Those looking for out-of-touch friends and family often use a free people search.
A free people search is useful to Internet users seeking to reconnect with old friends, former business associates or estranged family members. Social networking sites such as MySpace offer free searches of users within their databases. On a much a broader scale, public information databases are a starting point where paid researchers and data collection Web sites often begin their searches. These public resources and the information they contain are freely available without subscription costs or finder fees. While additional information may be procured through paid research sites, free people searches are a starting point that may return enough information to satisfy a users needs.
Similar to standard search engines, people search engines comb through Web pages for sources related to the search query. These sources can include information posted on Web sites, blogs, social networks and other databases found within the public domain. The difference is these types of search engines focus primarily on past and present addresses, phone numbers and personal information (e.g., age, birthdates and known relatives).
According to the U. C. Berkeley Library, search engines do not look for information on the Internet itself. Rather, they search through databases of previously catalogued Web pages stored on servers. Likely matches to the query are compiled and run through a complex set of algorithms to sort the information by relevance. Results are generally returned to the user as links sorted by match probability. When the user selects a link, the current version of the page will display.
There are two ways for a Web page to become catalogued into a database. First, a person can manually submit a request for inclusion. This could mean submitting a blog to Google or voluntarily adding contact information to Yahoo White Pages, for example. Second, a page can be discovered by robotic programs known as spiders. Spiders comb through previously catalogued Web pages in search of links. They follow these links to find new Web pages for database inclusion. Once a new page is discovered, a secondary program scans the content and indexes the page within the database. Using this technology, people search engines find contact information posted on blogs, social networks and professional biography pages; or simply through public records published online.
Free people search sites can appear as online database directories such as AnyWho, White Pages or Yahoo People Search. Some directories may not offer search options for people outside the United States if their databases are compiled from public telephone listings and similar sources within the United States. To search for people in other countries, international directories and search portals found on sites such as White Pages and Yahoo International can be useful starting points.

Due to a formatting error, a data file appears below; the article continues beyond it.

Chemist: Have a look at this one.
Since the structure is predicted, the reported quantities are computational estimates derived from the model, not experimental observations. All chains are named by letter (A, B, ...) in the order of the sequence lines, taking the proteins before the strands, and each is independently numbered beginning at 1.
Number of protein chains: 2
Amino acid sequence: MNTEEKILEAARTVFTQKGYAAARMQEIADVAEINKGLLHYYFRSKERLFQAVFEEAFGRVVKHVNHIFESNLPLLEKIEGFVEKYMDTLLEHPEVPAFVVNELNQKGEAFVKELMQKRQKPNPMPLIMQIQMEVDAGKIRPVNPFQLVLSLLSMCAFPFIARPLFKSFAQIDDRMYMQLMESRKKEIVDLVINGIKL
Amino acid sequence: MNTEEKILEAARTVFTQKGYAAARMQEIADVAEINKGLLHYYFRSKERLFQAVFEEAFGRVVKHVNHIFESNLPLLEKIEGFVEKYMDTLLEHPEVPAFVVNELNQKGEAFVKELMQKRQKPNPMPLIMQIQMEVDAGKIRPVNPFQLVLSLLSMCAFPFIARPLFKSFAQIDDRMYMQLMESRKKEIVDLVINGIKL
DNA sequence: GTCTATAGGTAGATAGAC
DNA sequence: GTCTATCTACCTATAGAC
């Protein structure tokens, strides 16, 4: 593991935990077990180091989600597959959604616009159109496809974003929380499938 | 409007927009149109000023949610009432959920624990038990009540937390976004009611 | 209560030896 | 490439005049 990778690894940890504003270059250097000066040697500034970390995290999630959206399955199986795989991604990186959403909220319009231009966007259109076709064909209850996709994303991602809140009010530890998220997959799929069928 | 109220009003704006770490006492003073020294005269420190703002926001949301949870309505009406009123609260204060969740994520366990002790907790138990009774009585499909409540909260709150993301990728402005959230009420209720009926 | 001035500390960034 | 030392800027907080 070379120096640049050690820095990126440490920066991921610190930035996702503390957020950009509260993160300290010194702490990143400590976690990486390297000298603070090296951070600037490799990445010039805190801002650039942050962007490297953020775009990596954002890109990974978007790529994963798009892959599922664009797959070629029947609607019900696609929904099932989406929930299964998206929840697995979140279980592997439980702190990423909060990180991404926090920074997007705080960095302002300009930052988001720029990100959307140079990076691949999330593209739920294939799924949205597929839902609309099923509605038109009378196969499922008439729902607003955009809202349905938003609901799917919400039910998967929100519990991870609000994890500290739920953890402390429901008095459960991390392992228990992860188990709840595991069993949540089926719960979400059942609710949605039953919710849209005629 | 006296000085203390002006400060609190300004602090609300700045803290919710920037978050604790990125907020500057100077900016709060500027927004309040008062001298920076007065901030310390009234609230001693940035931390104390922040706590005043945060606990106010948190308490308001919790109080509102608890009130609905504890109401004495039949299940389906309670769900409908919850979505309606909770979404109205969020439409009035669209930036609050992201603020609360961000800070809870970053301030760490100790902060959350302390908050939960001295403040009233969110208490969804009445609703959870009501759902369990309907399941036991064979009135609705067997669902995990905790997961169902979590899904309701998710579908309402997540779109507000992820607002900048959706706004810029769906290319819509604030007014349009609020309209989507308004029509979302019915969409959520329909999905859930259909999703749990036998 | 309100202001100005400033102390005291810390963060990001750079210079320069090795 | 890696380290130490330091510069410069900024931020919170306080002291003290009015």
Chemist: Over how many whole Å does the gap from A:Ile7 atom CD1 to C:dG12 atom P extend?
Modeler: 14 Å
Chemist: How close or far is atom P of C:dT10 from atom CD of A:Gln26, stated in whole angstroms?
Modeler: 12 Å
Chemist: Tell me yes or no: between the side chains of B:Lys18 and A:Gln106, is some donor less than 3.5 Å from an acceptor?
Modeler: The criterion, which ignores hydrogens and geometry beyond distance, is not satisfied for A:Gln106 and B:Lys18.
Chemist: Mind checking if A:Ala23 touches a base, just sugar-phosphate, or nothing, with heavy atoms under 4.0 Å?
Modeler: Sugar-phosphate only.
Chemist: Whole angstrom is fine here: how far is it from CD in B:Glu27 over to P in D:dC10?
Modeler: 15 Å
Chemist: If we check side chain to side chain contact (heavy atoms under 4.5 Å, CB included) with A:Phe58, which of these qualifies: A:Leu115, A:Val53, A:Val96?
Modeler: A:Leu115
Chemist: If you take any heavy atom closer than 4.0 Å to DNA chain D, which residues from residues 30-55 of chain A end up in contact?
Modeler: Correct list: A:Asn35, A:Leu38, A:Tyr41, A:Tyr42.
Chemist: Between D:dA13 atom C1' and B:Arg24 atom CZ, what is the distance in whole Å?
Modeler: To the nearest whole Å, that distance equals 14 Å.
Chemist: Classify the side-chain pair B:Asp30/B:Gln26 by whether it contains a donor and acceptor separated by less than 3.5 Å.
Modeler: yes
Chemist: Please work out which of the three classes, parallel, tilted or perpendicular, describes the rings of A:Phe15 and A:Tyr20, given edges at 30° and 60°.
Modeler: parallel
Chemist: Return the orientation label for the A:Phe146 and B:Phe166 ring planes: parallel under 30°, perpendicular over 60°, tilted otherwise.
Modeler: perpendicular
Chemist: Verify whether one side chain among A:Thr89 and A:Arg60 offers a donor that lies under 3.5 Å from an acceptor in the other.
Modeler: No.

Another form of free people search sites is the public information search engine. Web sites such as Zabasearch have the look and feel of a standard search engine, but with search capabilities programmed around personal contact information located within public domain.
Some people search engines allow free inquiries, but limit results. Sites such as Intelius and Acme People Search are designed to sell their services. These sites typically return minimal information that is insufficient to contact the person queried. They usually inform the user that contact information is available for purchase. Depending on the site, this might entail purchase of a report, subscription, temporarily enhanced access or other membership. These sites can be useful to obtain information, but are not truly free people search sites.
The minimum information required to perform a search varies by site. A last name and state (or country) is generally necessary, but additional information can narrow the possibilities and may produce more accurate results. Depending on the site, information such as maiden name or alias, birth year, e-mail address as well as previous physical addresses and phone numbers may be useful in completing the search.
Free people search results can be outdated or have limited accuracy. Search spiders do not fact-check data, but instead gather available information. Stored data in the public domain can contain typos, or may not be properly updated. For example, the home address and phone number shown for a closed account will likely never update, even if the individual changes residences several times.
Privacy is a serious concern in the Information Age. Those seeking other individuals online are still bound by state, federal and international privacy laws. Use of search sites implies acceptance of their Terms of Service, which generally prohibit any behavior that could be construed as harassment or other abuse.
Free people search capabilities may change in the future. Time Magazine Online featured an unprecedented Argentinean court case regarding the privacy of public figures. In 2008, in the interest of personal privacy, a court order suspended search results for 110 celebrities on the Argentinean portals of search giants Yahoo and Google. As of this writing, the case does not affect U.S. search portals, but such a legal precedence could affect future decisions by lawmakers on an international scale.